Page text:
In the early stages of his career, socially conscious hip hop artist Devine Carama began to notice that his Lexington, Kentucky, community was in need. He lost friends to gun violence. He saw at-risk kids who wanted to play competitive-level basketball, but who were unable to join a league due to the costs. Devine was driven to get involved and help those in need within the community.
He began with developing fundraisers to help kids reach their potential. With each step, he became more motivated to stay involved, and for a few years he did it on his own until he realized it was more than volunteerism to him. “This was what I wanted to dedicate my life to,” Devine said.
In 2014, he founded Believing In Forever with a mission to inspire and motivate young people through a combination of art, mentoring, education and community service. His organization also facilitates weekly tutoring sessions, where food, books and tutoring services are provided at no cost to youth in need.
Now, Devine travels the country going to schools and giving motivational speeches and presentations focused on the power of words. In the past four years, Devine has spoken to 40,000 kids across eight states.
“I want to plant the seed and change their perception,” said Devine. “A lot of young people limit themselves. I want to empower them to use their voice and act to do something positive.”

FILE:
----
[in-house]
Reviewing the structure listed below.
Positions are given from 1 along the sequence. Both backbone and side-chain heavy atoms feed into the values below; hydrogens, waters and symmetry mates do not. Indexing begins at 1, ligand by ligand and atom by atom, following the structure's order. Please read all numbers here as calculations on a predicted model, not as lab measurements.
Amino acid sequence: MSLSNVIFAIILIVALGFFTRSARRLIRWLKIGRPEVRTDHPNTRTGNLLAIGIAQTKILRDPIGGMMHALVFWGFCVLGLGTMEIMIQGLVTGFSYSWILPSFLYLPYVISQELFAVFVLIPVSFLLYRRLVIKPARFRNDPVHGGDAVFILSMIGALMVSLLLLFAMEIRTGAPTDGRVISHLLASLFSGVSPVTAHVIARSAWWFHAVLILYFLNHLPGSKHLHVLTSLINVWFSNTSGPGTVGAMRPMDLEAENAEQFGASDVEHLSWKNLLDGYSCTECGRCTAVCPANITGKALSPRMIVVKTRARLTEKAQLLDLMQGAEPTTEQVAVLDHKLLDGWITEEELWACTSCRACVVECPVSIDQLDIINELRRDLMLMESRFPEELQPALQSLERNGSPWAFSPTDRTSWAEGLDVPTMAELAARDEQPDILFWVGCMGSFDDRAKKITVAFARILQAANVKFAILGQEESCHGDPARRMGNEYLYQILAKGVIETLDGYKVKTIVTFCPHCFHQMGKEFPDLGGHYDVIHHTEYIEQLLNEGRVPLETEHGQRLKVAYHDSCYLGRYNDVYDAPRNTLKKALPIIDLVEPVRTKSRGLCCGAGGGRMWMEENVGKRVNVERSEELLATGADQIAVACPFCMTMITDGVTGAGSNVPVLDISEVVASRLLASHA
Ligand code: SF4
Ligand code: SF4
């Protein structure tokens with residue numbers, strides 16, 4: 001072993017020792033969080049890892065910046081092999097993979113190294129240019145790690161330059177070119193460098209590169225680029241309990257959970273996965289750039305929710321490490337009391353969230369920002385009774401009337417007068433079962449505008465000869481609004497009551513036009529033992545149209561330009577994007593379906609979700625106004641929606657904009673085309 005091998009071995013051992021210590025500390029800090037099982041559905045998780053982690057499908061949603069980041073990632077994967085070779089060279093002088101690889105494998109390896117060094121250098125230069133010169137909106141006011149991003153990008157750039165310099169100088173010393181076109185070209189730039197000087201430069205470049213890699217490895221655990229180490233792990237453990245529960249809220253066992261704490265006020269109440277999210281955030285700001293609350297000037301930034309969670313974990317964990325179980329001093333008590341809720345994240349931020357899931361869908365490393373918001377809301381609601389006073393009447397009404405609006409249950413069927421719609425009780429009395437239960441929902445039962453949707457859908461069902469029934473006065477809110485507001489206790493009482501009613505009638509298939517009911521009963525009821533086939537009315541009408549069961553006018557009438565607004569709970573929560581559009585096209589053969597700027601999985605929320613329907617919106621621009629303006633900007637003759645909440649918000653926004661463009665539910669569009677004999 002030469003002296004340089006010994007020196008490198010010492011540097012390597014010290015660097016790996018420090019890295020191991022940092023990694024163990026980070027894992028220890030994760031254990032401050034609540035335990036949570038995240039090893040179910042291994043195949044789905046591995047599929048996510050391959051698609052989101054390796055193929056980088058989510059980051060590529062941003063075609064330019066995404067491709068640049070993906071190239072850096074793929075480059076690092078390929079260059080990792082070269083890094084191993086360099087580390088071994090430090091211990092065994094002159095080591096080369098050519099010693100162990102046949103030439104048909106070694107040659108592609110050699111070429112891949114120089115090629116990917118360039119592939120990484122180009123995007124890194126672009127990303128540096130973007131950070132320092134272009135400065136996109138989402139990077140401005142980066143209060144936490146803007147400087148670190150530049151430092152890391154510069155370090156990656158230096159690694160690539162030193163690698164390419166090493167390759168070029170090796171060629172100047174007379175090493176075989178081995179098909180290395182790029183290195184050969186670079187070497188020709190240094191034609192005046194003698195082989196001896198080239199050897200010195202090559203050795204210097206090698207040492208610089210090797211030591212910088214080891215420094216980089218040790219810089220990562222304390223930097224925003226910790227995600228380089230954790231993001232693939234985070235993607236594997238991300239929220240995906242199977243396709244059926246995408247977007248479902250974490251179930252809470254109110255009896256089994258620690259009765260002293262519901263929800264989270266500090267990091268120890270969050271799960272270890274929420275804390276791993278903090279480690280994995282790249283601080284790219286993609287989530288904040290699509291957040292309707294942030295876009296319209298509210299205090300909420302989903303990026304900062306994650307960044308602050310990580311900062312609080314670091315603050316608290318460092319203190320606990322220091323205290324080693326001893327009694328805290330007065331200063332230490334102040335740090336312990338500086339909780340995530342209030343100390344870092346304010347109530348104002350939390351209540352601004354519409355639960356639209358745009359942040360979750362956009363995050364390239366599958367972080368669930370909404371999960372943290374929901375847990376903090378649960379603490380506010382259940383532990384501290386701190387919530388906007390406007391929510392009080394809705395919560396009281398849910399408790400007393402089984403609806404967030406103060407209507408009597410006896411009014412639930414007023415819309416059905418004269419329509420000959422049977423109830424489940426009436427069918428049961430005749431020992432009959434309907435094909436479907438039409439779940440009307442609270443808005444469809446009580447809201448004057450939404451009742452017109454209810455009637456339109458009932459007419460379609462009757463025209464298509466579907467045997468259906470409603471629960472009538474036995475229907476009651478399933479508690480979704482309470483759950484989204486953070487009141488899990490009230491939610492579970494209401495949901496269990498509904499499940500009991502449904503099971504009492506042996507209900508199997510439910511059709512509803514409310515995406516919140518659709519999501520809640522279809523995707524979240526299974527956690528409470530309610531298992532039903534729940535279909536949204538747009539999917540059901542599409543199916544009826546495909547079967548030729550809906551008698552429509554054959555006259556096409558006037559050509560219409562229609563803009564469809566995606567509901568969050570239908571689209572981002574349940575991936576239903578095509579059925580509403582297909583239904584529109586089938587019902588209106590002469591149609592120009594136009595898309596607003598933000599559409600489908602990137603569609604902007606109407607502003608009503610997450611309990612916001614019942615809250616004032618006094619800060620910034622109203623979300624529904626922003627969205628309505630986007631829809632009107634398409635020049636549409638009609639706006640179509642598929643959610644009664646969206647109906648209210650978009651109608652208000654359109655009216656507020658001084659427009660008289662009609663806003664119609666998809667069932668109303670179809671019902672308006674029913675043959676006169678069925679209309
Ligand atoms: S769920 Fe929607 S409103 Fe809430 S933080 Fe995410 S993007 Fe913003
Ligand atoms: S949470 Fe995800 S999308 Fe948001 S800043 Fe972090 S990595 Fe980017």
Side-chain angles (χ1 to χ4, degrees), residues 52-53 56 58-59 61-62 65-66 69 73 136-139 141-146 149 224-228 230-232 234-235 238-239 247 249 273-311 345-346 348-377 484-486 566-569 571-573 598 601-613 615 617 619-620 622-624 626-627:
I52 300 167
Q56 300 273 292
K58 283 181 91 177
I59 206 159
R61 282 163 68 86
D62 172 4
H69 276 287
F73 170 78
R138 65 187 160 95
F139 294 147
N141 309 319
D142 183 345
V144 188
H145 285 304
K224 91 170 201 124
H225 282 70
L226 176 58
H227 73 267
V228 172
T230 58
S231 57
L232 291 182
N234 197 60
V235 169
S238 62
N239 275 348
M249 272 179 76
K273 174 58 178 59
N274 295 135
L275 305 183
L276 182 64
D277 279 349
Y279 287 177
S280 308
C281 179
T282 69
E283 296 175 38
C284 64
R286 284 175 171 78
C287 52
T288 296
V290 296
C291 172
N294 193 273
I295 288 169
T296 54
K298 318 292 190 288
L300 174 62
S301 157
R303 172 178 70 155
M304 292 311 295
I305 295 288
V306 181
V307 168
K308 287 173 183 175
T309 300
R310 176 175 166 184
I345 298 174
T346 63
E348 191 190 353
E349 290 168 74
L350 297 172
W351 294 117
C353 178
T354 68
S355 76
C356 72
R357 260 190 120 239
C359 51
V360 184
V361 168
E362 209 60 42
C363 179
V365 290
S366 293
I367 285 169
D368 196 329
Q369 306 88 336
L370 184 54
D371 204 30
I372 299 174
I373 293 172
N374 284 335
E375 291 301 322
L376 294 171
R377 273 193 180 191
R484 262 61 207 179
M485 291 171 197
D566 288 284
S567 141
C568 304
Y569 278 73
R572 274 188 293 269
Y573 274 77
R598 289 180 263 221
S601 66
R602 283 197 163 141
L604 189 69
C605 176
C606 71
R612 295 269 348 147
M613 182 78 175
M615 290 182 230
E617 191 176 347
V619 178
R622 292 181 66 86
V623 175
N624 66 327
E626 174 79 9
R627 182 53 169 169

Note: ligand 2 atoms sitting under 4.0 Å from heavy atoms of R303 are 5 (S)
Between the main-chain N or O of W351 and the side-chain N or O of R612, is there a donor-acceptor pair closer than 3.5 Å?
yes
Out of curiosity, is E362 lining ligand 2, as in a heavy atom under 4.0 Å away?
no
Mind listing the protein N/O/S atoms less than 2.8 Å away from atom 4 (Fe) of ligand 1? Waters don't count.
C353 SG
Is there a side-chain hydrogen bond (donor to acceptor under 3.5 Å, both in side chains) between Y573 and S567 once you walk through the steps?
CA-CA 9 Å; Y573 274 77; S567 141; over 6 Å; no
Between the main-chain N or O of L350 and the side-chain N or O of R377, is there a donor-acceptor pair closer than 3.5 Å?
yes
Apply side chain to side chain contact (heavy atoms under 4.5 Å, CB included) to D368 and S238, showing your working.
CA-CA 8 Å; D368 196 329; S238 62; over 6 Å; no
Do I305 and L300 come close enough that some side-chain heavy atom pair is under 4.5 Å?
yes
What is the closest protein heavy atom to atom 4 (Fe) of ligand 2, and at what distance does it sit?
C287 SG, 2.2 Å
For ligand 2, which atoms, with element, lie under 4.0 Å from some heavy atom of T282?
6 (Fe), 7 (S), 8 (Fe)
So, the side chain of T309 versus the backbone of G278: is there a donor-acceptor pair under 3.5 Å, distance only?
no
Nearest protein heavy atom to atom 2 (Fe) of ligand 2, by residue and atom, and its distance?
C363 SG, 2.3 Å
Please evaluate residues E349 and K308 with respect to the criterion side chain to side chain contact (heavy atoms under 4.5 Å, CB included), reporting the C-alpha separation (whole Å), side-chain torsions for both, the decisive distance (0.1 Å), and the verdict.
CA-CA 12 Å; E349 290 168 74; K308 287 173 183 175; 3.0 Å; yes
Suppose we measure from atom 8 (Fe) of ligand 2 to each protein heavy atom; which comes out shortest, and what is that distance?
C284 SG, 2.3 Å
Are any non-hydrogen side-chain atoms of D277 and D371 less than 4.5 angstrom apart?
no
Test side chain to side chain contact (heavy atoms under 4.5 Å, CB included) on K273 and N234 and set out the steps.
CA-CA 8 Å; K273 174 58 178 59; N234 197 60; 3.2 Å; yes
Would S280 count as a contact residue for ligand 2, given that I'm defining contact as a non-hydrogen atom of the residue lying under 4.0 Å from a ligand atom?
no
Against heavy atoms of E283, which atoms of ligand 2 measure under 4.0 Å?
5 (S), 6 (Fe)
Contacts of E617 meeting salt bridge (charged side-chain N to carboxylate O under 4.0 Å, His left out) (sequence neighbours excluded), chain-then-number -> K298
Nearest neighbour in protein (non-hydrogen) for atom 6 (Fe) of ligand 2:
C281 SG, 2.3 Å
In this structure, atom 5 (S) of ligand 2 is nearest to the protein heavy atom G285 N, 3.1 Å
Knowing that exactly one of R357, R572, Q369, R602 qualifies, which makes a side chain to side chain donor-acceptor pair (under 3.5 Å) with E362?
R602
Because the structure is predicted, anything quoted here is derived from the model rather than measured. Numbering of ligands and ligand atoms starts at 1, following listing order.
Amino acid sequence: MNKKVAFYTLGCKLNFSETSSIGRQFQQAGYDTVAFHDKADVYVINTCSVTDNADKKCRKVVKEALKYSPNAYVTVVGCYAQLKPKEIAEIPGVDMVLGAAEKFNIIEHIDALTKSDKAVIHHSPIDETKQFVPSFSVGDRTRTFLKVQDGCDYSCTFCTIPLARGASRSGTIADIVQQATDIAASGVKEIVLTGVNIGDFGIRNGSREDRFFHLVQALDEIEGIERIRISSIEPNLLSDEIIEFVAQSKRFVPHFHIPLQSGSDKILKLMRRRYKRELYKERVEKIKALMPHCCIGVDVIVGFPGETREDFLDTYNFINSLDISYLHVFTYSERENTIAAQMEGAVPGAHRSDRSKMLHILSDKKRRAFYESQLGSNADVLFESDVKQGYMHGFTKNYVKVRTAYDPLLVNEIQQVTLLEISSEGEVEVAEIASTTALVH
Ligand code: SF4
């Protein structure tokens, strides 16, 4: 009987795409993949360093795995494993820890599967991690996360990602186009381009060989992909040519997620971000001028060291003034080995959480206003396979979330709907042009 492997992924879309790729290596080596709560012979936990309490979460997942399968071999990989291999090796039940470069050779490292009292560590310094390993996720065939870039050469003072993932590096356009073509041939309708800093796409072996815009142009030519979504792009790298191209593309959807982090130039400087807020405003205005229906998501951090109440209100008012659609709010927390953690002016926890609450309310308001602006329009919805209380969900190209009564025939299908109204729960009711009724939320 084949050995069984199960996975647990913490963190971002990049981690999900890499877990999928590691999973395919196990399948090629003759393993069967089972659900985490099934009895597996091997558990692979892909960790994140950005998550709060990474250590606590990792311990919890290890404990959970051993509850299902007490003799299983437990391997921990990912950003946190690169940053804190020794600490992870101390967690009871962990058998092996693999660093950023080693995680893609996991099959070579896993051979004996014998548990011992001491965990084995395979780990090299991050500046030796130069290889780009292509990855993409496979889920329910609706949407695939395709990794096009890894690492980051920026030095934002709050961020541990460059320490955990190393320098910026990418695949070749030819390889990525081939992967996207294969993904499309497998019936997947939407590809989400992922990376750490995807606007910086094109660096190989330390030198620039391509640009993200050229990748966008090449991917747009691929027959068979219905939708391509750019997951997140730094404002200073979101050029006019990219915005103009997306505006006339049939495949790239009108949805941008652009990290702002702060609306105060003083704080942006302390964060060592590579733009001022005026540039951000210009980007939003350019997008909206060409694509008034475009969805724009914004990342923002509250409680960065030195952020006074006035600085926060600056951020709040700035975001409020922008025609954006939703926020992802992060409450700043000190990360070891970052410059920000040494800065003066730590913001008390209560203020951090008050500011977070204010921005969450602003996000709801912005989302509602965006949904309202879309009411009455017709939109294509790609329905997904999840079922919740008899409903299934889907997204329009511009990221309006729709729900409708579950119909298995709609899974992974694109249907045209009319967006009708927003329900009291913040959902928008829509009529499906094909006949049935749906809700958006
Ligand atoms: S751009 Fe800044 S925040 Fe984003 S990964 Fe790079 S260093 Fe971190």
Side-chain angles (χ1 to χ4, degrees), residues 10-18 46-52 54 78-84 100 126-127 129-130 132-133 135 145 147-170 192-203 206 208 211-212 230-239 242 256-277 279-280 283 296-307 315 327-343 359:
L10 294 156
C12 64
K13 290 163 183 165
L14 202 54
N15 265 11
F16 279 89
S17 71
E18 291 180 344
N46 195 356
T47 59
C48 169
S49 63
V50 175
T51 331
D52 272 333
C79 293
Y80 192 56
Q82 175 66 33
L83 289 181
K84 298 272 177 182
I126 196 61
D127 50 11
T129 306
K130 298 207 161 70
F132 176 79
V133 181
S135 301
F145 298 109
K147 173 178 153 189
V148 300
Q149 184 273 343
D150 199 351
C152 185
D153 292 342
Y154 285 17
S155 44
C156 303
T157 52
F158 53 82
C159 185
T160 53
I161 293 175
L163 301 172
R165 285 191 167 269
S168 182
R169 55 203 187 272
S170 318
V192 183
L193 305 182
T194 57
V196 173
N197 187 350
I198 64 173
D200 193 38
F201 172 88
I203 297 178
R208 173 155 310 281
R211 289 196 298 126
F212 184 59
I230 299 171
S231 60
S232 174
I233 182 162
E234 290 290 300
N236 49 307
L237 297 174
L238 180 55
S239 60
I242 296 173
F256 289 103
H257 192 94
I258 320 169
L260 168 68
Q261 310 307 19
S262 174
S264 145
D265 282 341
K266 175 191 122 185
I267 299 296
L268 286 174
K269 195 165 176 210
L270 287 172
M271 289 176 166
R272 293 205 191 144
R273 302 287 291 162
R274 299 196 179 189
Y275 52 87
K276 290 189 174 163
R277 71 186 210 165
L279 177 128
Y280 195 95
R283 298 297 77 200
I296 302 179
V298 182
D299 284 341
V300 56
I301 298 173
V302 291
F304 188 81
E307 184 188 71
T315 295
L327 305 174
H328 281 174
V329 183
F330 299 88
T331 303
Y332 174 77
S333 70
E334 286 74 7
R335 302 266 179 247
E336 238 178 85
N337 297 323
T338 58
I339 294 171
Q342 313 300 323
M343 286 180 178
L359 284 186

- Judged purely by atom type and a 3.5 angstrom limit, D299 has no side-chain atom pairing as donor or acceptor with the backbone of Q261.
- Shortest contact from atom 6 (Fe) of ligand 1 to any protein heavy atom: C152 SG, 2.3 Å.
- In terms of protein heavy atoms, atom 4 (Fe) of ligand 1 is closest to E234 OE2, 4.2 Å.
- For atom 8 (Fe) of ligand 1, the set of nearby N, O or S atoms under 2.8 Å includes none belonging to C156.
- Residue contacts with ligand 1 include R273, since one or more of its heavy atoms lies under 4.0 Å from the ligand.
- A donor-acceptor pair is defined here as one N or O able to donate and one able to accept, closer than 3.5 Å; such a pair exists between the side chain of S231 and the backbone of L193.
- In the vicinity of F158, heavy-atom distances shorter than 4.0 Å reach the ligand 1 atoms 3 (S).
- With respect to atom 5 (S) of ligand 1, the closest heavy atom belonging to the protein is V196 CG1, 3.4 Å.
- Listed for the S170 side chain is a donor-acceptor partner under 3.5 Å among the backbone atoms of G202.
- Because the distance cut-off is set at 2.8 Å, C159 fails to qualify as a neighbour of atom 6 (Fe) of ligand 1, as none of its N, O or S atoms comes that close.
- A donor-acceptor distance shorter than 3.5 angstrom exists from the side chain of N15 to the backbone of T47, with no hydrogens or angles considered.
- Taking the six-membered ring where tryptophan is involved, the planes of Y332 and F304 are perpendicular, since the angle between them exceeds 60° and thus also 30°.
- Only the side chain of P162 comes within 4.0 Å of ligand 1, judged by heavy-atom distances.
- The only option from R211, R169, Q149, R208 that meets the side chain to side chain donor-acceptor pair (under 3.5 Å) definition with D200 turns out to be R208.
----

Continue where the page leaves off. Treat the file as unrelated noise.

In addition to the programs offered, Believing In Forever facilitates an annual “A Coat to Keep the Cold Away” coat drive for youth in central and eastern Kentucky. Devine said that with the help of his girlfriend and her meticulous spreadsheet skills, they track the exact size needed by every child, and then provide each one with a brand new fitted coat.
This year the coat drive collected 2,700 coats. However, with the numbers coming in below their goal, Devine staged a 48-hour concert in downtown Lexington to raise awareness. His performance helped bring in another 700 coats.
In addition to the coat drive, Believing In Forever also hosts “Sons of Single Mothers” mentoring days, bringing together men from the local community to mentor boys who don’t have a male role model in their lives. The program offers monthly weekend outings, like attending a movie, visiting the aquarium or a local theme park, going to dinner or team building. The mentors also offer guidance and support to the boys on an ongoing basis.
All of this good work is having a positive effect. In fact, “We’ve seen a decrease in behavioral disciplinary referrals by 80 percent [for] the boys in the program,” said Devine.
Devine said his hope is that one day, Believing In Forever will be his full-time job. He also would like to expand its programs, including making the coat drive a statewide effort. In addition, Devine would like to continue to give empowering speeches by traveling more, and secure larger grants to help even more people.
“There are a lot of young people who are broken and unable to succeed at school or in relationships,” said Devine. “Our goal is to help kids use art, education and community service to help them heal.”